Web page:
Crofford LJ, Kalogeras KT, Mastorakos G, Magiakou MA, Wells J, Kanik KS, et al. Circadian relationships between Interleukin (IL)-6 and hypothalamic-pituitary-adrenal axis hormones: failure of IL-6 to cause sustained hypercortisolism in patients with early untreated rheumatoid arthritis. J Clin Endocrinol Metab 1997;82:1279-83.

Cutolo M, Maestroni GJM, Otsa K, Aakre O, Villaggio B, Capellino S, et al. Circadian melatonin and cortisol levels in rheumatoid arthritis patients in wintertime: a north and south Europe comparison. Ann Rheum Dis 2005;64:212-6. Cutolo M, Masi AT.

Circadian rhythms and arthritis. Rheum Dis Clin N Am 2005;31:115-29.

Cutolo M, Seriolo B, Craviotto C, Pizzorni C, Sulli A. Circadian rhythms in RA. Ann Rheum Dis 2003;62:593-6.

Da Silva JAP, Jacobs JWG, Kirwan JR, Boers M, Saag KG, Ines LBS, et al. Safety of low dose glucocorticoid treatment in rheumatoid arthritis: published evidence and prospective trial data. Ann Rheumatol Dis 2006;65:285-93. Gudbjornsson B, Skogseid B, Oberg K, Wide L, Hallgren R. Intact adrenocorticotropic hormone secretion but impaired cortisol response in patients with active rheumatoid arthritis. Effect of glucocorticoids. J Rheumatol 1996;23:596-602. Heshmati HM, Riggs BL, Burritt MF, McAlister CA, Wollan PC, Khosla S. Effects of the circadian variation in serum cortisol on markers of bone turnover and calcium homeostasis in normal postmenopausal women. J Clin Endocrinol Metab 1998;83:751-6.

Hewlett S, Carr M, Ryan S, Kirwan J, Richards P, Carr A, et al. Outcomes generated by patients with rheumatoid arthritis: How important are they? Musculoskeletal Care 2005;3:131-42.

Hickling P, Jacoby RK, Kirwan JR. Joint destruction after glucocorticoids are withdrawn in early rheumatoid arthritis. Arthritis and Rheumatism Council Low Dose Glucocorticoid Study Group. Br J Rheumatol 1998;37:930-6. Hudson M, Baron M. Morning stiffness is a better predictor of function in early inflammatory arthritis than are swollen and tender joints. Arthritis Rheum 2005;52 Suppl 9: abstract 1036.

Jacobs JWG, van Everdingen AA, Verstappen SMM, Bijlsma JWJ. Followup radiographic data on patients with rheumatoid arthritis who participated in a two-year trial of prednisone therapy or placebo. Arthritis Rheum 2006;54: 1422-8.

Karatay S. et al, The timing of low dose glucocorticoid therapy in the treatment of rheumatoid arthritis, The Pain Clinic, 2002, 13, 4, 305-312 Kirwan JR. The effect of glucocorticoids on joint destruction in rheumatoid arthritis. The Arthritis and Rheumatism Council Low-Dose Glucocorticoid Study Group. N Engl J Med 1995;333:142-6.

Kirwan JR, Boers M, Shea B. Glucocorticoids strongly suppress joint damage in rheumatoid arthritis: A meta-analysis of 1,414 patients in 15 trials. Arthritis Rheum 2005; 52 Suppl 9: abstract 891.

LeLoet X et al, Clinical practice decision tree for the coice of the first disease modifying antirheumatic drug for very early rheumatoid arthritis: a 2004 proposal of the French Society of Rheumatology, Annals of Rheum Dis 2006; 65: 45-50

Mastorakos G, Mias I. Relationship between lnterleukin-6 (IL-6) and hypothalamic-pituitary-adrenal axis hormones in rheumatoid arthritis. Z Rheumatol 2000;59(Suppl 2):75-9.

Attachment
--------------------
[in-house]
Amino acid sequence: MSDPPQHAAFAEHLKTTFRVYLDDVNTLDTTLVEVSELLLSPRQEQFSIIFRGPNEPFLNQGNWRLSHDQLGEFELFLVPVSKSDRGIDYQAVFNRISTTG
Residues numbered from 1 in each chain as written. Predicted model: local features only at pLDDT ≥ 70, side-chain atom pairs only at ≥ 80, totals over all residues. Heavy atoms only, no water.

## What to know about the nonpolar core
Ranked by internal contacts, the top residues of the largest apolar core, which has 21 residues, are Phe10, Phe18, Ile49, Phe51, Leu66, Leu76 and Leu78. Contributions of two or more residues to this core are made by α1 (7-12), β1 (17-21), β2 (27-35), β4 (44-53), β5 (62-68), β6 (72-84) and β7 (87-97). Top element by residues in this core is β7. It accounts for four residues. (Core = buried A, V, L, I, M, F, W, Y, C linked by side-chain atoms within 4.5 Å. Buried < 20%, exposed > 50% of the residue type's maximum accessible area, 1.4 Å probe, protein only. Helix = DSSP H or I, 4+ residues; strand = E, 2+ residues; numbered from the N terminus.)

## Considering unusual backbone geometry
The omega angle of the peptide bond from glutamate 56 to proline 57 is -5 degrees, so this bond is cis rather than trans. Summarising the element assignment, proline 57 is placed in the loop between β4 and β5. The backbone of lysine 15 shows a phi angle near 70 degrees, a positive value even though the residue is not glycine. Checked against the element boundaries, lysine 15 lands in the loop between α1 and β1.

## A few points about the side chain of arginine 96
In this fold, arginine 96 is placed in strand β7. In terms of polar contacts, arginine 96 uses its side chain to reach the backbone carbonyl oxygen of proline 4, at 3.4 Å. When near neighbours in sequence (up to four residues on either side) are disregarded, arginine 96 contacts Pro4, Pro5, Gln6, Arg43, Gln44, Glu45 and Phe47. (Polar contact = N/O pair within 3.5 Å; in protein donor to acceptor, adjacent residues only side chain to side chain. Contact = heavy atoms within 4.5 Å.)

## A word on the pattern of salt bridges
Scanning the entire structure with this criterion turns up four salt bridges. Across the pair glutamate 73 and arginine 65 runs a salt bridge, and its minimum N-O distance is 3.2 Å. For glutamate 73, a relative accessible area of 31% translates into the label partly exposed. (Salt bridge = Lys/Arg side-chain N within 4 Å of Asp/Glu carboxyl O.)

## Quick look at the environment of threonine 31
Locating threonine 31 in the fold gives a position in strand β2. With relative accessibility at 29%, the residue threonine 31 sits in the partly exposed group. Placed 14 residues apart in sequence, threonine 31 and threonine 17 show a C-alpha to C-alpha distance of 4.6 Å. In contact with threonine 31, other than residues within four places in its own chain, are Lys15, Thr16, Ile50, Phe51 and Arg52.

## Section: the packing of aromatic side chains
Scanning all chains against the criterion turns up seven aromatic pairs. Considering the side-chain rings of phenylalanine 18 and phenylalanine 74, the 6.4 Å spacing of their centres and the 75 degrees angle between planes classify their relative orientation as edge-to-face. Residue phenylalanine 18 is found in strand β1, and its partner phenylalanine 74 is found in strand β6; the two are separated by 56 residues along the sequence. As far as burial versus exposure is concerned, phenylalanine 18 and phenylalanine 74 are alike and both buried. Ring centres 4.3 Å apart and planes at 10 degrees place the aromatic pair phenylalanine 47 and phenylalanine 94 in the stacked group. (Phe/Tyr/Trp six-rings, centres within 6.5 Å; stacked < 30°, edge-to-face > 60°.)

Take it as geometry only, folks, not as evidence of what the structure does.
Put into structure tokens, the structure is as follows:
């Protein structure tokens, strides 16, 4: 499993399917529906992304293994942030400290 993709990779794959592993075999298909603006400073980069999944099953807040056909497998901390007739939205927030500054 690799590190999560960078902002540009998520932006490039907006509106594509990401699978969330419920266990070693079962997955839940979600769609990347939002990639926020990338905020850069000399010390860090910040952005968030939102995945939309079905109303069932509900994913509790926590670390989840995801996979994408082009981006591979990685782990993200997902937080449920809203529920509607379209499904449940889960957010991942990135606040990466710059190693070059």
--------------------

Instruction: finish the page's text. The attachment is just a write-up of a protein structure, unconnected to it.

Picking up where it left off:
Petrovsky N, McNair P, Harrison LC. Diurnal rhythms of pro-inflammatory cytokines: regulation by plasma cortisol and therapeutic implications. Cytokine 1998;10:307-12.

Pincus T, Sokka T, Kautiainen H. Patients seen for standard rheumatoid arthritis care have significantly better articular, radiographic, laboratory, and functional status in 2000 than in 1985. Arthritis Rheum 2005;52:1009-19. Saag KG, Criswell LA, Sems KM, Nettleman MD, Kolluri S. Low-dose corticosteroids in rheumatoid arthritis - A meta-analysis of their moderate-term effectiveness. Arthritis Rheum 1996;39:1818-25.

Saag KG, Koehnke R, Caldwell JR, Brasington R, Burmeister LF, Zimmerman B, et al. Low dose long-term corticoid therapy in rheumatoid arthritis: an analysis of serious adverse events. Am J Med 1994;96:115-23. Stucki G, Cieza A. The international classification of functioning, disability and health (ICF) core sets for rheumatoid arthritis: a way to specify functioning. Ann Rheum Dis 2004;63(Suppl 2):40-5.

Svensson B, Boonen A, Albertsson K, van der Heijde D, Keller C, Hafstrom J. Low-dose prednisolone in addition to the initial disease-modifying antirheumatic drug in patients with early active rheumatoid arthritis reduces joint destruction and increases the remission rate: a two-year randomized trial. Arthritis Rheum 2005;52:3360-70. van Everdingen AA; Jacobs JWG, Siewertsz van Reesema DR, Bijlsma JWJ. Low-dose prednisone therapy for patients with early active rheumatoid arthritis: clinical efficacy, disease-modifying properties, and side effects. A randomized, double-blind, placebo-controlled clinical trial. Ann Intern Med 2002;136:1-12. van Staa TP, Leufkens HGM, Abenhaim L, Zhang B, Cooper C. Oral corticosteroids and fracture risk: relationship to daily and cumulative doses. Rheumatology 2000;39:1383-9.

Wassenberg S, Rau R, Steinfeld P, Zeidler H. Very low-dose prednisolone in early rheumatoid arthritis retards radiographic progression over two years. Arthritis Rheum 2005;52:3371-80.